conversations and letters is “The Practice of the Presence of God.” And the basis of his prayer life and devotions
was this: “Whether he was engaged in the humdrum task of cooking in the monastery, or on an expedition to buy provisions
for the brethren, or simply picking up a straw from the ground, his action was directed, as far as within him lay, to the
honour and glory of God…. He was pleased when he could take up a straw from the ground for the love of God, seeking
him only, and nothing else, not even his gifts.” (2)
In a very real sense, Brother Lawrence’s life was a prayer of oblation. The catechism defines it this way: Oblation
is an offering of ourselves, our lives and labors, in union with Christ, for the purposes of God. To do everything that we
do, however menial or exalted, for the purposes of God, however inadequate we are to understand those purposes.
Our corporate worship involves all forms of prayer, but especially a significant amount of praise. Some of us may remember
the classic Anglican rubric: We sit to learn – hence sitting during sermons and lessons; we kneel to pray – at
least here in this parish we do; and we stand to praise – hymns to God, the Doxology and presentation, the gospel at
communion and the responses before and after it is read. All of those acts of worship are prayers of praise.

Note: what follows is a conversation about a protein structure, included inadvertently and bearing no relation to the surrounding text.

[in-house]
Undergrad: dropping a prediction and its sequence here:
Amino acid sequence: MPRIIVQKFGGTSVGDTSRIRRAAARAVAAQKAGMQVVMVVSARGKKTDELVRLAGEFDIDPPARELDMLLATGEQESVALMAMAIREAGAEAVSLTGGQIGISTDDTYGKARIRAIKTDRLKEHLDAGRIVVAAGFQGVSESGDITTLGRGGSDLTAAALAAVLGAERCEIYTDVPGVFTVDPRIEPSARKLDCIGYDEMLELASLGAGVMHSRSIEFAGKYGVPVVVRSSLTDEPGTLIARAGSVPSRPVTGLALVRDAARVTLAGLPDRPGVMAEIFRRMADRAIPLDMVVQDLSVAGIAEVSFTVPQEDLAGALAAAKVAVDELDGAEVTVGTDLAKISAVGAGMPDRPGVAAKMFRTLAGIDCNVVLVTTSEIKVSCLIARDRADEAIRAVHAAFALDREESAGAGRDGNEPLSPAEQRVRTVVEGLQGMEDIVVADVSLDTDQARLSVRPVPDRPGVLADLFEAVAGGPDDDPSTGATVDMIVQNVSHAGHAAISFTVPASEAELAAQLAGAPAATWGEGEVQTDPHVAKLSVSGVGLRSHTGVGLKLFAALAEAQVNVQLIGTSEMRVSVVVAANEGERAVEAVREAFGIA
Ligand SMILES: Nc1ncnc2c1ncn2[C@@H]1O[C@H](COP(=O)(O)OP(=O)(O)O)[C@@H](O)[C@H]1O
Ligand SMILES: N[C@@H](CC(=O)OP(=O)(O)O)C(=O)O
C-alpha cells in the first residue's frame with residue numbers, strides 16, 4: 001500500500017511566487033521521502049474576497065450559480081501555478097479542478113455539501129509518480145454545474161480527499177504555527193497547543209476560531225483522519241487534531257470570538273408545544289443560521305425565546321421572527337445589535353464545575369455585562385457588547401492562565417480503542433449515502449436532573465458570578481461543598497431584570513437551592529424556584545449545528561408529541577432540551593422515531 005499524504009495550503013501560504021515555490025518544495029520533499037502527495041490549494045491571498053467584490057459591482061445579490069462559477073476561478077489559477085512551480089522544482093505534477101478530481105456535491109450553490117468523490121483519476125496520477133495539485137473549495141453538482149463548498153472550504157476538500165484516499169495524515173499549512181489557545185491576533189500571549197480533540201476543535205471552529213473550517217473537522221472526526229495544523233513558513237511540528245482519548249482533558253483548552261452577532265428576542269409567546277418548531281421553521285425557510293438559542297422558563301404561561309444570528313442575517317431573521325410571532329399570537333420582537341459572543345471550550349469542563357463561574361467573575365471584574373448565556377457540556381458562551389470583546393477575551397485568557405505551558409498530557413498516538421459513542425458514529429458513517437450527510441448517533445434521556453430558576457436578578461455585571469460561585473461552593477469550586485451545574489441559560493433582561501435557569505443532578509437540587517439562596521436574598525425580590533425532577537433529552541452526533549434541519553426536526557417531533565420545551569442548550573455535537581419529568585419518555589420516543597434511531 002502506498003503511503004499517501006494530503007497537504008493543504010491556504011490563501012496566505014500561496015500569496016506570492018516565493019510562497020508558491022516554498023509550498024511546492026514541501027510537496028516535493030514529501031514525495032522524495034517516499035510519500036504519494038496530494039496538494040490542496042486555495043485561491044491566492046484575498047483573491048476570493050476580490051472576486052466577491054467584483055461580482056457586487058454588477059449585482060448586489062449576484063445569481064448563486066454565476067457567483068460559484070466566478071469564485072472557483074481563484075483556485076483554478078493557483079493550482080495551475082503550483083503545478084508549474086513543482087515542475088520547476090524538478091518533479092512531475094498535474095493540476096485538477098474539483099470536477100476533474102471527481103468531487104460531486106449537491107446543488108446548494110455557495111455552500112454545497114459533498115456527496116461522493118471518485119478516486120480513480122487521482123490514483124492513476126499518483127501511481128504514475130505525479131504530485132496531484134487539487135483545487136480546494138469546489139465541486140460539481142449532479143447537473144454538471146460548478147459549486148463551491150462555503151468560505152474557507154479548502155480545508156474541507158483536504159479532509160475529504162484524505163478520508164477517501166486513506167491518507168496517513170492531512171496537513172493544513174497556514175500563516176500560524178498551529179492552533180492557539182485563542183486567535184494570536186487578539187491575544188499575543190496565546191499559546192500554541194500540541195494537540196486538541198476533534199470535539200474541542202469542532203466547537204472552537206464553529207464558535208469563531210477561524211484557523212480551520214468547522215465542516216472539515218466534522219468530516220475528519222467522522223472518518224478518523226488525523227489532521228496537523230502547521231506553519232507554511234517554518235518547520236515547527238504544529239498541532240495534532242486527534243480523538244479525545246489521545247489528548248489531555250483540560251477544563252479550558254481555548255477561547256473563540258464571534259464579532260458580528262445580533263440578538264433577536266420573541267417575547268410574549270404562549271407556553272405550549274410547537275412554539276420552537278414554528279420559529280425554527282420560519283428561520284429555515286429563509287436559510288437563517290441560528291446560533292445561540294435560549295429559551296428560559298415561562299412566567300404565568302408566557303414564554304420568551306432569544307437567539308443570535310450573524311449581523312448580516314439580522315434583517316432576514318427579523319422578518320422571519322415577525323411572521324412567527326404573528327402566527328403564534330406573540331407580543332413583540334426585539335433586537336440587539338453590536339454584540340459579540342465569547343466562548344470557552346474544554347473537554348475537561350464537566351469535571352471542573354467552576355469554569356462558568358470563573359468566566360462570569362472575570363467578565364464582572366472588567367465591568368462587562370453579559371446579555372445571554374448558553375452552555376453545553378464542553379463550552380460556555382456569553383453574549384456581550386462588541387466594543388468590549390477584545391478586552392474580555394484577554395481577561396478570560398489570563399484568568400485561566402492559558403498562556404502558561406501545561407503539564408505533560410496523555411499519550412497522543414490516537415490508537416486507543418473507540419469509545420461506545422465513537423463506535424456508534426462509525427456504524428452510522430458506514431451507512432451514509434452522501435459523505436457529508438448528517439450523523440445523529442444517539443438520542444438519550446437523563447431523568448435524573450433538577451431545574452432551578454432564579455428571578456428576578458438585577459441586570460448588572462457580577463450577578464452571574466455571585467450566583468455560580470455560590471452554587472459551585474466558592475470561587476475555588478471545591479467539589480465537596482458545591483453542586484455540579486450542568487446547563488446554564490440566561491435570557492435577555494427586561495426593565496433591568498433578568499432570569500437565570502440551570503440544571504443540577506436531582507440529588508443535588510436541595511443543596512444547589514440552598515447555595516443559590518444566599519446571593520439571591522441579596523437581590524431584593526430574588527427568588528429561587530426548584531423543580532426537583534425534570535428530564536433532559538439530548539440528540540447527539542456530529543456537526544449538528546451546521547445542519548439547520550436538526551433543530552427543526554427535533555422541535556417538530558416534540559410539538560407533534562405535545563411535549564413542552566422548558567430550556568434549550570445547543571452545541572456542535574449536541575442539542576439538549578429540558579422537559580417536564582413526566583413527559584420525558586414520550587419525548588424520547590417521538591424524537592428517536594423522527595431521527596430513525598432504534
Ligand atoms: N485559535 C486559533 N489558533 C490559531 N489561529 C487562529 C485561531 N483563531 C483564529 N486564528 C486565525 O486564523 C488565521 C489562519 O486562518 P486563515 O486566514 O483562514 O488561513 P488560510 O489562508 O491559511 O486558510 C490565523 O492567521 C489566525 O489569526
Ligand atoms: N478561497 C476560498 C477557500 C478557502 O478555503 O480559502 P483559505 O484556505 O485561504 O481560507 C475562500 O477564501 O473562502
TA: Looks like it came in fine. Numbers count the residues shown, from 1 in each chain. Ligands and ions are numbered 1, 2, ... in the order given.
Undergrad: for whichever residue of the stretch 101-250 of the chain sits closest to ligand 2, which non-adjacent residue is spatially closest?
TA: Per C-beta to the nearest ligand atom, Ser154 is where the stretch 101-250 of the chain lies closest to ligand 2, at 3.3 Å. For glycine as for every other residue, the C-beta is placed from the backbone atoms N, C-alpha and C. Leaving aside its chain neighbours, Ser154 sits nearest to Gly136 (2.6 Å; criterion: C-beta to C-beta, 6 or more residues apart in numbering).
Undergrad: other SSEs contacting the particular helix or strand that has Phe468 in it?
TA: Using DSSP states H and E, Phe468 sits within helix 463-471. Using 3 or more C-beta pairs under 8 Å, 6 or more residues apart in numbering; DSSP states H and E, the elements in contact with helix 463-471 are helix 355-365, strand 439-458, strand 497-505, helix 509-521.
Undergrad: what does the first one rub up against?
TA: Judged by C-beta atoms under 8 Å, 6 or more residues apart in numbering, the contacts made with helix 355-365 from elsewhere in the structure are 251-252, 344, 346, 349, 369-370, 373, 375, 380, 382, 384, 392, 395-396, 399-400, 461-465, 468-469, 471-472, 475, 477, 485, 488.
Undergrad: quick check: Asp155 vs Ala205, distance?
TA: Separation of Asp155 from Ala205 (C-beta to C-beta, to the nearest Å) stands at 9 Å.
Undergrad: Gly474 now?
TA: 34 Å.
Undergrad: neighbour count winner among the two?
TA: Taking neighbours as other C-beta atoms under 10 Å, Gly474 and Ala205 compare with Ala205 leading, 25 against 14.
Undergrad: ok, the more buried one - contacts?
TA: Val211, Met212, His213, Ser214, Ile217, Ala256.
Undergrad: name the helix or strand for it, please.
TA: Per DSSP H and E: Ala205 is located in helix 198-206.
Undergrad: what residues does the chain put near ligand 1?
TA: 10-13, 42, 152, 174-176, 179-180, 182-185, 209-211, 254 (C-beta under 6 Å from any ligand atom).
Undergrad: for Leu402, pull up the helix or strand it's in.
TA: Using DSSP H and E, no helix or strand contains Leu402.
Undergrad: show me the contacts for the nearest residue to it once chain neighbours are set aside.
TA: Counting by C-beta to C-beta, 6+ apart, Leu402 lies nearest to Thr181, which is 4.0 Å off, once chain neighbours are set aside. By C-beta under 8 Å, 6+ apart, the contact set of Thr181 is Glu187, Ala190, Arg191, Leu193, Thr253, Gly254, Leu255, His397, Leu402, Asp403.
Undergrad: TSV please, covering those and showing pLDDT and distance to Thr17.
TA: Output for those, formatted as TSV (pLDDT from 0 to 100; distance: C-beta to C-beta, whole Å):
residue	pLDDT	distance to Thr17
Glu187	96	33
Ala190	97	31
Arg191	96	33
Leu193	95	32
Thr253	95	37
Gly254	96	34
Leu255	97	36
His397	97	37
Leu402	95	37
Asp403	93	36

Penitence speaks for itself. All our worship services involve public confession, whether Holy Communion of Morning Prayer.
Some of us know that Private Confession is also available to whoever may ask – the proper liturgical forms begin on
page 447 of the Book of Common Prayer. You can look it up some night when you can't sleep, for whatever reason.
I wish we were better at Thanksgiving. The silence is sometimes thunderous when we pause during the prayers of the people
for thanksgivings. It feels better to me at Morning Prayer – at least then we say the General Thanksgiving.
What we are best at is Intercession and Petition. Intercession: every Sunday we recite the names on our bulletin prayer
list. I’m sure that some of us take that list home with us and pray for those folks by name all over again. At least
I hope so. And we are better at intercession than petition – we do emphasize the needs of others over our own –
but that may be because we are entirely too comfortable in many other ways.
Our Old Testament Lesson for today is a classical example of prayers of petition. Abraham is in conversation with God over
the city of Sodom. And any prayer, whatever its merit, is a conversation with God. Abraham is interceding with God, pleading
with God to spare the city. What is interesting in this conversation with God is that Abraham is also bargaining with God.
Will you spare the city, O God, if there are only fifty righteous people in it? How about only 45? 40? 30? 20? 10? And
the deal, the bargain, is struck at ten.
In her classic study, On Death and Dying, Elisabeth Kubler-Ross has a chapter on bargaining. She wrote that in the case of
the terminally ill and dying “the bargaining is really an attempt to postpone; it has to include a prize offered ‘for